IEEE Transactions on Reliability, PP. 1-19, August 2018, DOI: 10.1109/TR.2018.2835140

A Study on Effects of Copper Wrap Specifications on Printed Circuit Board Reliability


Bhanu Sood1,2, John Shue2, Jesse Leitner,2 Kelly Daniluk,2 and Lionel-Nobel Sindjui2
1CALCE, Center for Advanced Life Cycle Engineering, Department of Mechanical Engineering, University of Maryland, College Park, Maryland 20740, USA
2Safety and Mission Assurance Directorate, NASA Goddard Space Flight Center, Greenbelt, MD 20771, USA

Abstract:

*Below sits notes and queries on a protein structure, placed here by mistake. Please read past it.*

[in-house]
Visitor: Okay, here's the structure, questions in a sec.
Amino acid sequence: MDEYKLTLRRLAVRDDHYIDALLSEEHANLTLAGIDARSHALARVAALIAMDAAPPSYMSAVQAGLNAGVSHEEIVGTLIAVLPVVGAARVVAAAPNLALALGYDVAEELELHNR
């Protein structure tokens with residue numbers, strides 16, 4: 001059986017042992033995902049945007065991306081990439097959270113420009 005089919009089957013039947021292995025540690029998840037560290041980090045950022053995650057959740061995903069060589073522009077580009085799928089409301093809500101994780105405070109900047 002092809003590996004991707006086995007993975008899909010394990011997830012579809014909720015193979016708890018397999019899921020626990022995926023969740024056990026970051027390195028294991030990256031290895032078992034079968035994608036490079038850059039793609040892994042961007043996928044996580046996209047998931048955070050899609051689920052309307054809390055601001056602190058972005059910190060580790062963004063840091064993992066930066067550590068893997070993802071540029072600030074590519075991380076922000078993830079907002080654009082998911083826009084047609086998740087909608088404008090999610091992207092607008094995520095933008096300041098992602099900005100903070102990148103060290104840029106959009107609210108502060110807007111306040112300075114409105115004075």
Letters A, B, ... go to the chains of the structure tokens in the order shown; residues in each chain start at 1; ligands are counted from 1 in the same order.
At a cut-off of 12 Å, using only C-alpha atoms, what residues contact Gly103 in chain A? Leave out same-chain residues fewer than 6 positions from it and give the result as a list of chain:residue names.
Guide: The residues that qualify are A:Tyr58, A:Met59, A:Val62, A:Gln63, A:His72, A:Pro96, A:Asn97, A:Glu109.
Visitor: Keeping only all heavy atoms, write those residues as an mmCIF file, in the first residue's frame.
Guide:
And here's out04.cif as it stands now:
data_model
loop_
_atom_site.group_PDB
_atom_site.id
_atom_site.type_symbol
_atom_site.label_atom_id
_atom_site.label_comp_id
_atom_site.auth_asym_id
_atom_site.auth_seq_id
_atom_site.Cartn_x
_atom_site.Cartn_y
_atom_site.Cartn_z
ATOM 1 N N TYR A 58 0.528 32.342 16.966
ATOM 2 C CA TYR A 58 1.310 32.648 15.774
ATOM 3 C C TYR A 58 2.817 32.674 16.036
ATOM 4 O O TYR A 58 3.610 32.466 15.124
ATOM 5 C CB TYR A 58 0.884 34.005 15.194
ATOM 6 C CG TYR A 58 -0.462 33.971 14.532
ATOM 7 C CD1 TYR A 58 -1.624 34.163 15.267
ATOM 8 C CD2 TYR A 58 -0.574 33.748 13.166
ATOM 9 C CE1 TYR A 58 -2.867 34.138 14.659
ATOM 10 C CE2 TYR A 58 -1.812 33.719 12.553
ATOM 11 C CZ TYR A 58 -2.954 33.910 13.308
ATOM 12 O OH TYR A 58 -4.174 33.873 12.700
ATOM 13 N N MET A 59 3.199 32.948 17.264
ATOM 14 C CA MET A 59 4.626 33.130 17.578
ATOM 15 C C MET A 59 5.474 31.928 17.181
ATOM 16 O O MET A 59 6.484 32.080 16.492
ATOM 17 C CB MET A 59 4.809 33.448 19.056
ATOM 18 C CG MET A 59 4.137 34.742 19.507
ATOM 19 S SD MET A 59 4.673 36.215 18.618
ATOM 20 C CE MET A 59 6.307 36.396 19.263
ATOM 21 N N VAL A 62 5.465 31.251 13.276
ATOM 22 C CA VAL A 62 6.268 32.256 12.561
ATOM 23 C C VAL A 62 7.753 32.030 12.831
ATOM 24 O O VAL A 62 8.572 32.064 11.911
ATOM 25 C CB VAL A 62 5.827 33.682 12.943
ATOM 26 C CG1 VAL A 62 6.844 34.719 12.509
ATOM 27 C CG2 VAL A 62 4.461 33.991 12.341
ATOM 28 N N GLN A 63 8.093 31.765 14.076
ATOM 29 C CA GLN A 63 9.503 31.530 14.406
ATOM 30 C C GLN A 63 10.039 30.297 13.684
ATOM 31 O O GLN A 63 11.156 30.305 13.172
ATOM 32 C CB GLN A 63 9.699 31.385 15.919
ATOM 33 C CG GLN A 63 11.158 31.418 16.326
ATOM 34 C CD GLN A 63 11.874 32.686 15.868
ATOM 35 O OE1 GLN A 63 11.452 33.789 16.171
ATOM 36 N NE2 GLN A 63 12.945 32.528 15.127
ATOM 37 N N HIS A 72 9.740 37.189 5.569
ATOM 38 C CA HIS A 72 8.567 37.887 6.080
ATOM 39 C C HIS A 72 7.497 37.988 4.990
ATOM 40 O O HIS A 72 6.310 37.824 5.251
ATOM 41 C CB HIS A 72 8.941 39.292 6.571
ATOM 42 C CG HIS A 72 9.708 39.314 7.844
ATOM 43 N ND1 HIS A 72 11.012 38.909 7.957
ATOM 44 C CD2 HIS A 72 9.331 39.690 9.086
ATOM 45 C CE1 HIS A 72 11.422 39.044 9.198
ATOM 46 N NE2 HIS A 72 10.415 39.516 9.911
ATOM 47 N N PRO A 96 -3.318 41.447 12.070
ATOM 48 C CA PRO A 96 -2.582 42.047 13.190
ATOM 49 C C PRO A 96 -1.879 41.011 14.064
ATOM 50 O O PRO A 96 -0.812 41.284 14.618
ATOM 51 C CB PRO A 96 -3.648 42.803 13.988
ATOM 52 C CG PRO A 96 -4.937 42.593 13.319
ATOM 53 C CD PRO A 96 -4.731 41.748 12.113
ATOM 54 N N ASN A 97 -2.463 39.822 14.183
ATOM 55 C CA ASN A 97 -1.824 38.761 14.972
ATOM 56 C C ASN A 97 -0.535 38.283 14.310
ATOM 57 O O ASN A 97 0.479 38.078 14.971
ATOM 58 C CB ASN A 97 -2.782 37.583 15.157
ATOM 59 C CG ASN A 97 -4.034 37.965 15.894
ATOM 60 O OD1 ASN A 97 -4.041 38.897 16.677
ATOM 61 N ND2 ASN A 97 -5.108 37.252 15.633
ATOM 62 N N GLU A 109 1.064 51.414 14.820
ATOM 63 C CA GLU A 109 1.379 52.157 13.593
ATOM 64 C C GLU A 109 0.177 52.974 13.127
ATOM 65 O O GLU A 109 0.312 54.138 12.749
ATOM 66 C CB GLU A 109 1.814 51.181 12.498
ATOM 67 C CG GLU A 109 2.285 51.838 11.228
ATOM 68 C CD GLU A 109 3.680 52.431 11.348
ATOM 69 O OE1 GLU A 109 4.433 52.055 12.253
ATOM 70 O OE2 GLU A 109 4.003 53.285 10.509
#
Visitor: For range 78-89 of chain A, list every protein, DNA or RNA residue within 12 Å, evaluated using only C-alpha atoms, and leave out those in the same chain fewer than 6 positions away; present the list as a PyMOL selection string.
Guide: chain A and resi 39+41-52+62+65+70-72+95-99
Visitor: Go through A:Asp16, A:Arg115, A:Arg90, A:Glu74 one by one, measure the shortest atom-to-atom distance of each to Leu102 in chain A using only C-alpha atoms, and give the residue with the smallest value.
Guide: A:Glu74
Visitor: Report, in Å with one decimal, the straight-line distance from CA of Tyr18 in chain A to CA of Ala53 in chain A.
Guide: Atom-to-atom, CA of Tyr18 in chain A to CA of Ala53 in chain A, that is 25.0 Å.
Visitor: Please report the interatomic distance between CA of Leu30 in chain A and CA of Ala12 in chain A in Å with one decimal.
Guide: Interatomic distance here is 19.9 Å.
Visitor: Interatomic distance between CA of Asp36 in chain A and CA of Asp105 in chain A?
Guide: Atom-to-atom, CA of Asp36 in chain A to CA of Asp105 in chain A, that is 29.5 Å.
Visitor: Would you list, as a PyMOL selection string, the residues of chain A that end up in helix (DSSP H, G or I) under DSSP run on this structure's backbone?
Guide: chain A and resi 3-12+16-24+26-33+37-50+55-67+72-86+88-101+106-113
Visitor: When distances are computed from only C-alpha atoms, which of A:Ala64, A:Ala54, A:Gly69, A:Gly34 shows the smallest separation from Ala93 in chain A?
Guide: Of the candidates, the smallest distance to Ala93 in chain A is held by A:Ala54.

During the manufacturing of printed circuit boards (PCBs) for a Flight Project, it was found that a European manufacturer was building its boards to a European standard that had no requirement for copper wrap on the vias. The amount of copper wrap that was measured on coupons from the panel containing the boards of interest was less than the amount specified in IPC-6012 Rev B, Class 3. To help determine the reliability and usability of the boards, three sets of tests and a simulation were run. The test results, along with results of simulation and destructive physical analysis, are presented in this paper. The first experiment involved subjecting coupons from the panels supplied by the European manufacturer to thermal cycling. After 17 000 cycles, the test was stopped with no failures. A second set of accelerated tests involved comparing the thermal fatigue life of test samples made from FR4 and polyimide with varying amounts of copper wrap. Again, the testing did not reveal any failures. The third test involved using interconnect stress test coupons with through-hole vias and blind vias that were subjected to elevated temperatures to accelerate fatigue failures. While there were failures, as expected, the failures were at barrel cracks. In addition to the experiments, this paper also discusses the results of finite-element analysis using simulation software that was used to model plated-through holes under thermal stress using a steady-state analysis, also showing the main failure mode was barrel cracking. The tests show that although copper wrap was sought as a better alternative to butt joints between barrel plating and copper foil layers, manufacturability remains challenging and attempts to meet the requirements often result in features that reduce the reliability of the boards. Experimental and simulation work discussed in this paper indicate that the standard requirements for copper wrap are not contributing to the overall board reliability, although it should be added that a design with a butt joint is going to be a higher risk than a reduced copper wrap design. The study further shows that procurement requirements for wrap plating thickness from Class 3 to Class 2 would pose little risk to reliability (minimum 5 ┬Ám/0.197 mil for all via types). Experimental results corroborated by modeling indicate that the stress maxima are internal to the barrels rather than at the wrap location. In fact, the existence of Cu wrap was determined to have no appreciable effect on reliability.

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